This week on Dezeen, a polycarbonate London home modelled on a riad was named the Royal Institute of British Architects' House of the Year for 2023.
The House of the Year prize – which is awarded annually by the Royal Institute of British Architects (RIBA) to the best one-off, architect-designed house in the UK – went to Green House in Tottenham, London.
The home was designed by architecture studio Hayhurst & Co, which slotted it into a tight site in an alleyway. The "green oasis" features plenty of greenery and has a facade with sliding polycarbonate screens.
Colour specialist Pantone announced a subtle orangey hue called Peach Fuzz as its colour of the year this week. According to Pantone, the pale hue was chosen to express a yearning for community and cosiness during uncertain times.
"Peach Fuzz is a compassionate and nurturing soft peach shade whose heartfelt kindness and all-embracing spirit enriches mind, body and soul," said the institute's vice president Laurie Pressman.
Miami art week began this week and we reported on a number of projects being shown as part of the design event. In the Miami Design District, Tesla unveiled its angular stainless-steel Cybertruck. The controversial design is now available in showrooms.
Another car design seen at the event was designer Marjan van Aubel's "interpretation" of an electric Lexus model created using a series of multicoloured, illuminated photovoltaic sheets.
Pritzker Architecture Prize winner Frank Gehry showcased handbags designed for fashion house Louis Vuitton in Miami, including bags that were informed by his Guggenheim Museum and Museum of Pop Culture.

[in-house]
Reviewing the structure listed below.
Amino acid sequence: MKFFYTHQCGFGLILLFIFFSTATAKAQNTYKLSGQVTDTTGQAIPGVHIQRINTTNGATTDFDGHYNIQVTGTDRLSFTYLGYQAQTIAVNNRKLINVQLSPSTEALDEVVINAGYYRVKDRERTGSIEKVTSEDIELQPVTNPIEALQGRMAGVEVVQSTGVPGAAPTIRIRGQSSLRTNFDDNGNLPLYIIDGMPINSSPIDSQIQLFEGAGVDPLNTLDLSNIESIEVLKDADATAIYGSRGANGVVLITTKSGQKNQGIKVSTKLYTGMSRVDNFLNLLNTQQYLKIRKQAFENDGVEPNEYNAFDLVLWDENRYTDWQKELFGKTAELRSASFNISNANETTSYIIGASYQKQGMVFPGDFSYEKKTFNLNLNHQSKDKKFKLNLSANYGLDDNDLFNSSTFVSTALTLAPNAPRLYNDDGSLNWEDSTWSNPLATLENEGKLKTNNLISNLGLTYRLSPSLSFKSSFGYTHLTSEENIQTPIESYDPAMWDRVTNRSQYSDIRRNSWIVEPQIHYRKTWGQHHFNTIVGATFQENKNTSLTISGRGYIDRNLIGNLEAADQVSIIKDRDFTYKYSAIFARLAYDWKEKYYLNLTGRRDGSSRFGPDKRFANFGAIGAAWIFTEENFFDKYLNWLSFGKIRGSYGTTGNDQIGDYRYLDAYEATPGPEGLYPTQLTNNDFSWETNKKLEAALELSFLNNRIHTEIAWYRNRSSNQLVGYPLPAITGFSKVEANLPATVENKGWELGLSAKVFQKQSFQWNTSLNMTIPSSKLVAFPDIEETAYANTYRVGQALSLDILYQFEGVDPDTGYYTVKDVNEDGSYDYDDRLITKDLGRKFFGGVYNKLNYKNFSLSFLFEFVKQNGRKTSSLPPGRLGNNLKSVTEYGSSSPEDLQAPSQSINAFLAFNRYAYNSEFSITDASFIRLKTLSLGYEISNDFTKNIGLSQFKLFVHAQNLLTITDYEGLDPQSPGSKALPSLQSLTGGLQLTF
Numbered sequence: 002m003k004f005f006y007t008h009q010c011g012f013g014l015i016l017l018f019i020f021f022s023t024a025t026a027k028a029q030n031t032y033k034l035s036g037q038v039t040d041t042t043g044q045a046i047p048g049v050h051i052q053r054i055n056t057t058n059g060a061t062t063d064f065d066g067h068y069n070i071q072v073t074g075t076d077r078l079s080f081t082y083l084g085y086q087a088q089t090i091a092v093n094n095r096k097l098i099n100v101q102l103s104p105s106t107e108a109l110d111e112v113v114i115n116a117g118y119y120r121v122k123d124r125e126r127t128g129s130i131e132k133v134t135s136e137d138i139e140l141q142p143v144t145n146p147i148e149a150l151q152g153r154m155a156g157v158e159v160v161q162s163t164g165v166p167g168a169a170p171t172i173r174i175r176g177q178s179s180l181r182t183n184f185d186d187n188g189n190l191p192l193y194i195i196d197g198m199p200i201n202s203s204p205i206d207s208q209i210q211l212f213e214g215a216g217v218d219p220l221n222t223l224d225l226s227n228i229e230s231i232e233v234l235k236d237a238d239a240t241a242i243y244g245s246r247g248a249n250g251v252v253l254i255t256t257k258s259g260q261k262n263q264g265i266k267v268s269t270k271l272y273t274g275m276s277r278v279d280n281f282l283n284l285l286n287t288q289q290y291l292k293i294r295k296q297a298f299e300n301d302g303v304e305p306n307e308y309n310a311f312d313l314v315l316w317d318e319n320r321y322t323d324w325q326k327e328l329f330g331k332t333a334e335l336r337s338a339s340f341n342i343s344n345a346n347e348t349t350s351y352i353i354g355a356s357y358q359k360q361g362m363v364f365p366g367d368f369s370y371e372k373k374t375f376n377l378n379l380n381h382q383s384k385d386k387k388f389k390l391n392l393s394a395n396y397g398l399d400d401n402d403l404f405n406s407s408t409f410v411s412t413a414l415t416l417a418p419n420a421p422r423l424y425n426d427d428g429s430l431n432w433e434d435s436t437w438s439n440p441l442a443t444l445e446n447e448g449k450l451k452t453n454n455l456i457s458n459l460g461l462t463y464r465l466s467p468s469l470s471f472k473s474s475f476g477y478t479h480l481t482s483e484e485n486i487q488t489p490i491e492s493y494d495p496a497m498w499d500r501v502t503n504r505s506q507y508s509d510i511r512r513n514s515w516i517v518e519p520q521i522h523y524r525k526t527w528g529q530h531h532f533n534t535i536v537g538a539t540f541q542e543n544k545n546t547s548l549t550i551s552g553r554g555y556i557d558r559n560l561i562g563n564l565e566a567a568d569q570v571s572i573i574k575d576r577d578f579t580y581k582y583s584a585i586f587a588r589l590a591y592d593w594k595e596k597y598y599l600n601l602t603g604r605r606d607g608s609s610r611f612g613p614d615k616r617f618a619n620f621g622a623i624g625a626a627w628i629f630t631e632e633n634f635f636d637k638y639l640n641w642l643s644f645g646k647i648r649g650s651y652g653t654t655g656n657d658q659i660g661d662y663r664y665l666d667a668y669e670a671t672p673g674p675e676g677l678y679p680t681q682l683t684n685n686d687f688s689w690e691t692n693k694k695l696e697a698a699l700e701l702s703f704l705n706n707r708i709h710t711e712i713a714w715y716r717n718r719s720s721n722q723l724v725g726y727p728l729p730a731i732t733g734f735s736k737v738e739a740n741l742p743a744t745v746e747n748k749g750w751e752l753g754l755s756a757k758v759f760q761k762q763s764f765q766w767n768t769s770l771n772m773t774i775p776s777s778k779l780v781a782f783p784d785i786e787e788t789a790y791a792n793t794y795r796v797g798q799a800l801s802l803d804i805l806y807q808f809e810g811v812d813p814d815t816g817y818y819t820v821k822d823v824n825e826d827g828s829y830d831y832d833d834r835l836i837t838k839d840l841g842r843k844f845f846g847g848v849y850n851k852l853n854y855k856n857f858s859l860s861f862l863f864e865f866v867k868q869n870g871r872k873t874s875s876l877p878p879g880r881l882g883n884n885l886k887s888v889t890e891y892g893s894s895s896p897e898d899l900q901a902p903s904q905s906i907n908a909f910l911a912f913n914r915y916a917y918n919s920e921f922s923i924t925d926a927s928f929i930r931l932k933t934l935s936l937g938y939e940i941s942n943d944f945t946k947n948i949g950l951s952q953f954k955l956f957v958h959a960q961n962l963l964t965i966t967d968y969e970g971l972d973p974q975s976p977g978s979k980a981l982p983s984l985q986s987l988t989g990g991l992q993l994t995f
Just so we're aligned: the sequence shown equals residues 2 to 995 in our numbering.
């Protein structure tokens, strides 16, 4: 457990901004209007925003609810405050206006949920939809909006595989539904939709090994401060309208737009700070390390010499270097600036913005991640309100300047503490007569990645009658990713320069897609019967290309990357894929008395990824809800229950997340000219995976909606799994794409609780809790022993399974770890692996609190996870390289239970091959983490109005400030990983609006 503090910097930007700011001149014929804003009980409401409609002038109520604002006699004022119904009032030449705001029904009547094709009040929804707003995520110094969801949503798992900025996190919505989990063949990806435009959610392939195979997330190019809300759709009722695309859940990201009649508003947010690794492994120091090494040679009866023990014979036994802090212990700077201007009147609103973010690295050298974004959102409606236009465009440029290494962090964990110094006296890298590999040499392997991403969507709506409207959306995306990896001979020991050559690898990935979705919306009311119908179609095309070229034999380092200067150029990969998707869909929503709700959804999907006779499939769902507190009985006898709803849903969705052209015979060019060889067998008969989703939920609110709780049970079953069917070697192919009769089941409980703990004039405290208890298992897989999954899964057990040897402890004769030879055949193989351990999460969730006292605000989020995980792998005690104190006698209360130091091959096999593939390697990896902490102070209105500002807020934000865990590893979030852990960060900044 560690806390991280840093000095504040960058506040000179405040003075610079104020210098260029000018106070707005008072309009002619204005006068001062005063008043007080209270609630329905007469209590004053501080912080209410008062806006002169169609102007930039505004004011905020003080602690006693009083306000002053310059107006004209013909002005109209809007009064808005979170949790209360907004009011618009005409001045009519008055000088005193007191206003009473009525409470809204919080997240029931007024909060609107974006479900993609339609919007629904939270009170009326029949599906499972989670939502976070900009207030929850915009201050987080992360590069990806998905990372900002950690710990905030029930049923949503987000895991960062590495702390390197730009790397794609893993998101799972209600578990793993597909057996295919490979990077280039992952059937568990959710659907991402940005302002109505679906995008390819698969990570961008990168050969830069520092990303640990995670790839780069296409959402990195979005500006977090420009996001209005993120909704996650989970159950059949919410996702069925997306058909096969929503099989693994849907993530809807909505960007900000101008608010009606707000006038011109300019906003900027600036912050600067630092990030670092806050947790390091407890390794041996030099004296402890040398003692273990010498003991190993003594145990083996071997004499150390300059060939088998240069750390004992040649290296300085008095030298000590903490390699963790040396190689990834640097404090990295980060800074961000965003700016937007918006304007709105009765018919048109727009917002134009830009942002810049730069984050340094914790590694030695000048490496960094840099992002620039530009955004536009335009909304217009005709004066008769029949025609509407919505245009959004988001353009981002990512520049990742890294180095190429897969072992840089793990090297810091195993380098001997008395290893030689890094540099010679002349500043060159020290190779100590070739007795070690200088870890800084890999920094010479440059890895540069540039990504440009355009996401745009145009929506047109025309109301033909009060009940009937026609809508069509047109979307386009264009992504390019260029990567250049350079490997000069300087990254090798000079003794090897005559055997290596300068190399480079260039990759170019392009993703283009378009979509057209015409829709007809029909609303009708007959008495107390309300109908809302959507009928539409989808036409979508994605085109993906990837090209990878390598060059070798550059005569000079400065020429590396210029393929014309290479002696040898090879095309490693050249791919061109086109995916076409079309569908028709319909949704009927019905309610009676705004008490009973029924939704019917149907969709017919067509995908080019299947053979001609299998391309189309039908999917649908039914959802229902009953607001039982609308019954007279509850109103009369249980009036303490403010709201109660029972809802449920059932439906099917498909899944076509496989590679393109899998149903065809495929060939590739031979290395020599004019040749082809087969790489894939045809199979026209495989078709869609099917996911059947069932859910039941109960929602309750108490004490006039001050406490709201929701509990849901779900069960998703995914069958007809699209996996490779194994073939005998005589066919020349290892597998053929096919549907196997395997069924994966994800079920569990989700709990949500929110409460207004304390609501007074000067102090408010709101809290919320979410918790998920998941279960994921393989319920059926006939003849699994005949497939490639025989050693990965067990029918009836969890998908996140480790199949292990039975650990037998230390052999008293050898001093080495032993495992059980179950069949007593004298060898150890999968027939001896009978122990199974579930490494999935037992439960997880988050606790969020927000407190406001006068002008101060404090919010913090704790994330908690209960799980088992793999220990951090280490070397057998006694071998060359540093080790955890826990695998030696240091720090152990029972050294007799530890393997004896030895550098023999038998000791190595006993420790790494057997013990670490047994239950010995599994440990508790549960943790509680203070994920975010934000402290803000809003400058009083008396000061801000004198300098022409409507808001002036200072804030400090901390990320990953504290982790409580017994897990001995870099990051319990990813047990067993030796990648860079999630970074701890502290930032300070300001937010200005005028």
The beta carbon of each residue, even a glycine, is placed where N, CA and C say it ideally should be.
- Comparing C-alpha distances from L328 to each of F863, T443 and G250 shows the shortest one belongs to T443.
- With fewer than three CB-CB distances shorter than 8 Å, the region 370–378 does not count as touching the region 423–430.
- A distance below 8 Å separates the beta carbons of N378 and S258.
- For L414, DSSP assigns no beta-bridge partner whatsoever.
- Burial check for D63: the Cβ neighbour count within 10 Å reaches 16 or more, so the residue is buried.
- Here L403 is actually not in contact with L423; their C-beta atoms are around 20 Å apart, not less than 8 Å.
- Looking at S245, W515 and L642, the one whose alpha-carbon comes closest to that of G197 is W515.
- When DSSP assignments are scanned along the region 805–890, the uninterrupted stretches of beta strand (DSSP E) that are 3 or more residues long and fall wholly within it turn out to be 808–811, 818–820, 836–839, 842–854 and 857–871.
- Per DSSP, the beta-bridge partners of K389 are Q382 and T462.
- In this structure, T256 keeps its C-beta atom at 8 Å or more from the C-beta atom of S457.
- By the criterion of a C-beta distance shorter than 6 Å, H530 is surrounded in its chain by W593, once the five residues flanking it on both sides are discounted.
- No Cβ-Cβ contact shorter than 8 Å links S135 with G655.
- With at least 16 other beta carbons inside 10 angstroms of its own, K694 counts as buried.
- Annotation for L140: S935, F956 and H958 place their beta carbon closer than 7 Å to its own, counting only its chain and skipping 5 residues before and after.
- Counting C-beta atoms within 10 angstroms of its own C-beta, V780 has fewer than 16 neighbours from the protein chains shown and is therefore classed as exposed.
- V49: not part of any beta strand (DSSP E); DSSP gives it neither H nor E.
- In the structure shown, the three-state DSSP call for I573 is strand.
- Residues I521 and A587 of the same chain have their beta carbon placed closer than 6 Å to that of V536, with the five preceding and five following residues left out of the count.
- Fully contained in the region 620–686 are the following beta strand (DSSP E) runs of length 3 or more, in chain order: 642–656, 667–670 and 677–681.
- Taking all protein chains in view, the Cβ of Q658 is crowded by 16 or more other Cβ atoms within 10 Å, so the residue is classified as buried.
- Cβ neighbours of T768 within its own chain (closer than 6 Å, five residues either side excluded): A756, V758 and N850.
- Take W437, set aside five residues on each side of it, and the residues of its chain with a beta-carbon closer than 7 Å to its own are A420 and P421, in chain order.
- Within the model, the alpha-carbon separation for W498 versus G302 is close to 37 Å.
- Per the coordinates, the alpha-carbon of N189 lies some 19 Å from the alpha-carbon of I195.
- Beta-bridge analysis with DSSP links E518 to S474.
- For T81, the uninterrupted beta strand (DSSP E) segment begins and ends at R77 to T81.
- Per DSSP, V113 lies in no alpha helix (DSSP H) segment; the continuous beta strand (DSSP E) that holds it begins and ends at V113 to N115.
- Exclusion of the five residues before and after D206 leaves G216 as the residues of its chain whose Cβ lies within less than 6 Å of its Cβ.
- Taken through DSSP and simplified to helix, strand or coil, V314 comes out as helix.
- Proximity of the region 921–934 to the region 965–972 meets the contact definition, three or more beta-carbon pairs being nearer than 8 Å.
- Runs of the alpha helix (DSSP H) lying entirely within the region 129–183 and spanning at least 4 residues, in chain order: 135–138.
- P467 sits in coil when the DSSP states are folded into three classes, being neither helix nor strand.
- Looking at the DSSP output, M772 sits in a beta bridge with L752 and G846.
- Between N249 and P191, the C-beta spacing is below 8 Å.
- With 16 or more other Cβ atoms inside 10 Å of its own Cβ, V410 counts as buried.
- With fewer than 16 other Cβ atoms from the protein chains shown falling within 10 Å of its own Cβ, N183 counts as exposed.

This week also saw Dezeen's digital editor Rupert Bickersteth interview French shoe designer Christian Louboutin about his work.
The designer shared his belief that it's "fine to be useless," adding: "You sort of have to be perseverant. And when you are believing in something, you have to go for it."
We also featured the designer's latest project, a 13-room boutique hotel in Portugal that was "designed at the scale of the hand".
In architecture news, this week saw the unveiling of Japanese architect Shigeru Ban's design for the Infinite Maldives resort, which will feature rows of timber houses on the water that will surround landscaped gardens.
Architecture studio Foster + Partners also revealed one of its upcoming designs, a mixed-use development in Miami, Florida, that will reference the state's "vernacular architecture" and be located on the Lincoln Road shopping street.
In an opinion piece this week, artist and designer Freyja Sewell argued that the pod has become a standard part of open-plan interior landscapes, something she believes can be tied to our need for privacy.
"After all, privacy has become an even more elusive and rare condition, with pervasive CCTV, the rise of open-plan offices and the pressure to record and share almost every moment through the ubiquitous camera phone," Sewell said.
Popular project stories on Dezeen this week included a community centre in India disguised as "ancient ruins", a renovation of a London home that was designed to create a "country house in miniature" and a duo of sculptural pavilions in the Chilean countryside.
This week on Dezeen